Day 3: Substitute to save
This is the only way to save without sacrifice, and it should help keep your Christmas dinner costs down too.
Ditch brand loyaltySubstitution is easiest in the supermarket. It's a simple matter of letting go of brand loyalty. Often we reach for the same brands time and again without really thinking about it. It's at eye level, we have seen the adverts, for some reason we trust the quality.
However, by shifting your eyes lower you could easily take more than 10% off the cost of your shopping. Try the supermarket's own brand, or a lesser-known alternative. Even in a posh grocery shop like Marks & Spencer, you might be surprised to learn that the generic supermarket products are cheaper than the brands.
SurprisesI won't lie to you, you will have some disappointments. In experimenting you may come across some oddities and some unpleasant tastes. However, in by far the majority of cases you will just not notice the difference. You will have saved, without having to give anything up. You can't lose.
You may want to stop here, or try saving another 5% off your bill by going for the value range. Again there is a bit of risk associated with this, but you will find a good proportion of things in your trolley taste identical and cost a small fraction of the brands you started with.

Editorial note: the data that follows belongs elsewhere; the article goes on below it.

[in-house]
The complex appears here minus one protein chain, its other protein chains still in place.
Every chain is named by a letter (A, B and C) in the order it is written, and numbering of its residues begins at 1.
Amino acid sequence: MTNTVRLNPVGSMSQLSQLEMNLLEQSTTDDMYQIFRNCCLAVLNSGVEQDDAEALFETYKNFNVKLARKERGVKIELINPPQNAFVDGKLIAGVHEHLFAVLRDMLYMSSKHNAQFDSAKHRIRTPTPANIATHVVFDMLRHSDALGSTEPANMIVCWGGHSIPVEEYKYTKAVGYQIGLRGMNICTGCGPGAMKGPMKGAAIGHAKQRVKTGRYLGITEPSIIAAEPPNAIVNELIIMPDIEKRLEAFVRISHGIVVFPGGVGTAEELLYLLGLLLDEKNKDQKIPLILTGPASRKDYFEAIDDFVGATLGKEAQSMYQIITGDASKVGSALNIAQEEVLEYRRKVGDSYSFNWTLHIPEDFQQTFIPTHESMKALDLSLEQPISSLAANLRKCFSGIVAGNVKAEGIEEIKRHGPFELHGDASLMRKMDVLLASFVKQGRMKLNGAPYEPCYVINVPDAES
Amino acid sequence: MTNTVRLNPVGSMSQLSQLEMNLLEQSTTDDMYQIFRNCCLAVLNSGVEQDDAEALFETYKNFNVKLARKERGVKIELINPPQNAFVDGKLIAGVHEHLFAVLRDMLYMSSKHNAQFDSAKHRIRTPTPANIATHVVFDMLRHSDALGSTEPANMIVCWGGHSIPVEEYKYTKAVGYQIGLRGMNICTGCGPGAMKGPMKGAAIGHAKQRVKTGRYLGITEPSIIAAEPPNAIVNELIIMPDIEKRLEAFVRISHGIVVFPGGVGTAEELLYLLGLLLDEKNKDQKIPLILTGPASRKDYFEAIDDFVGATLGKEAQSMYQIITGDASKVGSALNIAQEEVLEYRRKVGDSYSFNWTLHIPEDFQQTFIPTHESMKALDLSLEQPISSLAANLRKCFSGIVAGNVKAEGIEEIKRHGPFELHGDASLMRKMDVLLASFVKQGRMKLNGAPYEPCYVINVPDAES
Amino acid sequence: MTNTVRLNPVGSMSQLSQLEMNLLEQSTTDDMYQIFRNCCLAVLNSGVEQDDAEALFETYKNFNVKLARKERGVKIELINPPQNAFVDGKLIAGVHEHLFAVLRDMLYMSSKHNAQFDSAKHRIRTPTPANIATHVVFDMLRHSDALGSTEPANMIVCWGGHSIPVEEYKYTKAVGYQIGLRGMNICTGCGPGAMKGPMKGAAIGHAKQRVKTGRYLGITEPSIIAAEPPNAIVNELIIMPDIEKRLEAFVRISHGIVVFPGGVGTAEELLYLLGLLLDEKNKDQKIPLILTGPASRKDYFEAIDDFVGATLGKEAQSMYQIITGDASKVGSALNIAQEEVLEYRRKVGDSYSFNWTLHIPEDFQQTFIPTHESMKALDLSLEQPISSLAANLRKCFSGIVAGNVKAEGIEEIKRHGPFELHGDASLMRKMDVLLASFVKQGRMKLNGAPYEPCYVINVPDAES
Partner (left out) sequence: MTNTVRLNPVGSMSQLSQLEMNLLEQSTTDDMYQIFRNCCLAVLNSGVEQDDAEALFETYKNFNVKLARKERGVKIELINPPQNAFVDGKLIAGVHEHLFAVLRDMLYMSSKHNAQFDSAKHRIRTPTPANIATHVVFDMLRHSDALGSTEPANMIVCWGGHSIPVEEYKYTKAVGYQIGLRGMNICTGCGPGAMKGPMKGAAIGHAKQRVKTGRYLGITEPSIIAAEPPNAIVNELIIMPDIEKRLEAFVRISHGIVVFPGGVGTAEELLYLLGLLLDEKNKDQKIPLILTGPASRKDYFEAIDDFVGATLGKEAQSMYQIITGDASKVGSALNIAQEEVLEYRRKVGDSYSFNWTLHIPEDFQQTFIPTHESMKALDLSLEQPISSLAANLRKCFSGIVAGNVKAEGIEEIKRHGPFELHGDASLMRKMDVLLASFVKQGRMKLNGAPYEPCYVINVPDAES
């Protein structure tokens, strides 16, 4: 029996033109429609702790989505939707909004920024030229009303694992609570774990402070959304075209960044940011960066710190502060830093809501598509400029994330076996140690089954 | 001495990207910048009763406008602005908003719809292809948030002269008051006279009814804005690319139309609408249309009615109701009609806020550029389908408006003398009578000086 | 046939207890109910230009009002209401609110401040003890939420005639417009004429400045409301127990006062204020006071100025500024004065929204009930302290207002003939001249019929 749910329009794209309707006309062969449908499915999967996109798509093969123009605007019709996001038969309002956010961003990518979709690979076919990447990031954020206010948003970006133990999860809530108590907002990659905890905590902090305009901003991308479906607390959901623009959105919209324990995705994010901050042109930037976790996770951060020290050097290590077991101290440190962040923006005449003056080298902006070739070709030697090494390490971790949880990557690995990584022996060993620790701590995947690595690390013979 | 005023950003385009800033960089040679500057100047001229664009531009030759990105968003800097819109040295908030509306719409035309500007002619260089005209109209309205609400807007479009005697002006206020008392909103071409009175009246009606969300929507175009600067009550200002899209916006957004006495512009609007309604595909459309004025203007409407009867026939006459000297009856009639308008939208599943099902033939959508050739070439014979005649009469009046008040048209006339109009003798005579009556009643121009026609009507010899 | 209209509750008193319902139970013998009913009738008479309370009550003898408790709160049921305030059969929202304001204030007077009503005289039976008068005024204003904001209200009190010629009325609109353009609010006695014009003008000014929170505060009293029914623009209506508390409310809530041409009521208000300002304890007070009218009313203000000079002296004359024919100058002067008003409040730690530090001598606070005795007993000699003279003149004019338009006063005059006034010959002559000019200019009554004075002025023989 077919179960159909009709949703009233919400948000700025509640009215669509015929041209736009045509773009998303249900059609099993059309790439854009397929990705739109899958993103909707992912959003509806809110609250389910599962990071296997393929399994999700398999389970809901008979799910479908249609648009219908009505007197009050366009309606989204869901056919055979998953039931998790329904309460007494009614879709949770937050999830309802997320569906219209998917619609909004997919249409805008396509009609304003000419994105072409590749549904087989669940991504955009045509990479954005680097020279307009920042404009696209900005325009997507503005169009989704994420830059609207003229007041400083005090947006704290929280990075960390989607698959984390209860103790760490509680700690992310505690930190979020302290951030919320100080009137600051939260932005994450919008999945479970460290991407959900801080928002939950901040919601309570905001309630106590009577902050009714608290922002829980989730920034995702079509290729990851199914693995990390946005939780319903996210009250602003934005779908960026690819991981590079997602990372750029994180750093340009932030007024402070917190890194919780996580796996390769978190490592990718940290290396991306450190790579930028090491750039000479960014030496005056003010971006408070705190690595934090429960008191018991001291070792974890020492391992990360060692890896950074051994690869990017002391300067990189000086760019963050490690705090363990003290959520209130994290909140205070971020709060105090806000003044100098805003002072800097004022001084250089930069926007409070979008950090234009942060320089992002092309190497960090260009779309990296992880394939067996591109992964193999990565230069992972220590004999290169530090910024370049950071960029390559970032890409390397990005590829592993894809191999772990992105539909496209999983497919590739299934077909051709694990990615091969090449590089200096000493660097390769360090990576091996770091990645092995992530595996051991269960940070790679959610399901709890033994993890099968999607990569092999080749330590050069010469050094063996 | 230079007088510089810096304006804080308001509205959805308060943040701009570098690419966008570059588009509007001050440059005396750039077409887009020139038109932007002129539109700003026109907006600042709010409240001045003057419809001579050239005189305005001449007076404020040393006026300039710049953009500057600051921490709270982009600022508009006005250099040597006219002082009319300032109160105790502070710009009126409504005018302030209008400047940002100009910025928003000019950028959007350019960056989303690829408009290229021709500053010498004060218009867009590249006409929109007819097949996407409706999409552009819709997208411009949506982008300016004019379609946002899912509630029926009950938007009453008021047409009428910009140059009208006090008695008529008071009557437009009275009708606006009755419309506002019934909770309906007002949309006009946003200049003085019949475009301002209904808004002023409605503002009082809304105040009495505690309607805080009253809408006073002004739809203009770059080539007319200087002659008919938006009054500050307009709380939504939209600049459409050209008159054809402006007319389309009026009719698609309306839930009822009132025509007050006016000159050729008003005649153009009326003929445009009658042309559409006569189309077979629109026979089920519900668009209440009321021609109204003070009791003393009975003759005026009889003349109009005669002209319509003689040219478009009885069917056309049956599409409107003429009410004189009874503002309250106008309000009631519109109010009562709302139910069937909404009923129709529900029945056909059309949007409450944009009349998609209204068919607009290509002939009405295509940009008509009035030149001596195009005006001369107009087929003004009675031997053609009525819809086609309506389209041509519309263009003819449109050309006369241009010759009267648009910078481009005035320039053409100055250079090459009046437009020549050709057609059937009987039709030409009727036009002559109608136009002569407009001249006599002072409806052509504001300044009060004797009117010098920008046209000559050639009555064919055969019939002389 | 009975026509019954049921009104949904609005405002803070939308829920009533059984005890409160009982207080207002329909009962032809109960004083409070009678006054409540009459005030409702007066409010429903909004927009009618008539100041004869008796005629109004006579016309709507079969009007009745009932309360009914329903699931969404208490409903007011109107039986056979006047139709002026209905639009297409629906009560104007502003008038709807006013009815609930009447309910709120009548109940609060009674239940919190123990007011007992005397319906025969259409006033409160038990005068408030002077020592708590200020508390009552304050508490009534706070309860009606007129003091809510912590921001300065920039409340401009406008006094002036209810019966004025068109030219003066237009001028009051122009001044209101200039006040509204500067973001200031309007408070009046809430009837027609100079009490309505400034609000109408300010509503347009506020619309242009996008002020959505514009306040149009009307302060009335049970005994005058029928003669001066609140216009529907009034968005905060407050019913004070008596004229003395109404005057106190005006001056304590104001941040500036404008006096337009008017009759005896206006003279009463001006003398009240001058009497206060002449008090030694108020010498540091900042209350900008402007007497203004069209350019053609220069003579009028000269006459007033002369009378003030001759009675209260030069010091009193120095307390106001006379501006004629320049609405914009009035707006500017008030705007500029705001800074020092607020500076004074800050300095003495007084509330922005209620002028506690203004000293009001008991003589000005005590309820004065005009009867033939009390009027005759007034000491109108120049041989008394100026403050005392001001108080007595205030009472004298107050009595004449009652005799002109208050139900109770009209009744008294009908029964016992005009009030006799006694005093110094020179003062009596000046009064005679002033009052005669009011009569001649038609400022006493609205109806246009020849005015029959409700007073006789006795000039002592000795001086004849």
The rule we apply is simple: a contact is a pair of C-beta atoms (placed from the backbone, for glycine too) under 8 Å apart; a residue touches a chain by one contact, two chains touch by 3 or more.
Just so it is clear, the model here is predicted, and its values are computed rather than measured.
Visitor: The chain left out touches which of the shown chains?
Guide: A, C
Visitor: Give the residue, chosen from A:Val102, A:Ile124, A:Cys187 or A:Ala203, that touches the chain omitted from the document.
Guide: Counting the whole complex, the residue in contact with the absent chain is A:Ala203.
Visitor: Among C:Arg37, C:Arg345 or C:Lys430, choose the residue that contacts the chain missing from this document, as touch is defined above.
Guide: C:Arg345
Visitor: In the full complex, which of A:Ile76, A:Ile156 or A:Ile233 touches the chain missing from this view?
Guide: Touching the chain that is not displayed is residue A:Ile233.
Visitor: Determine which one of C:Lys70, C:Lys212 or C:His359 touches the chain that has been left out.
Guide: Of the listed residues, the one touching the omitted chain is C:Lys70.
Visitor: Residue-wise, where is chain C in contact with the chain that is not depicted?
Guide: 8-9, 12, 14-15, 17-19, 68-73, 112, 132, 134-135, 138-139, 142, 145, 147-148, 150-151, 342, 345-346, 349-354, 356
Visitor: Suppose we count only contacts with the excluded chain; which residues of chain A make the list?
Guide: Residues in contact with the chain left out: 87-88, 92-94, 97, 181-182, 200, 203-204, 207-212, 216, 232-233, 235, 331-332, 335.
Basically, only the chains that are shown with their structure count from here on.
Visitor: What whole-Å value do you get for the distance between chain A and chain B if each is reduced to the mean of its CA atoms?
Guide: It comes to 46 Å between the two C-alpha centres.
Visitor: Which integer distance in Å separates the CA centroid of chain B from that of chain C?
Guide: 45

Think biggerAnd this shouldn't just be something you do in the supermarket. You may feel slightly cheap doing this for the presents you buy, but often the feel of quality for the present comes in the wrapping. Get hold of some tissue paper and some festive ribbon on a reel. That way you'll be able to wrap the glasses you bought in Ikea, the Poundland felt tips and the Avon mascara and give the impression you have spared no expense.
But what do you think? Have you used this approach? Does it work for you? Let us know in the comments.
Day 4: Bag a cheap holiday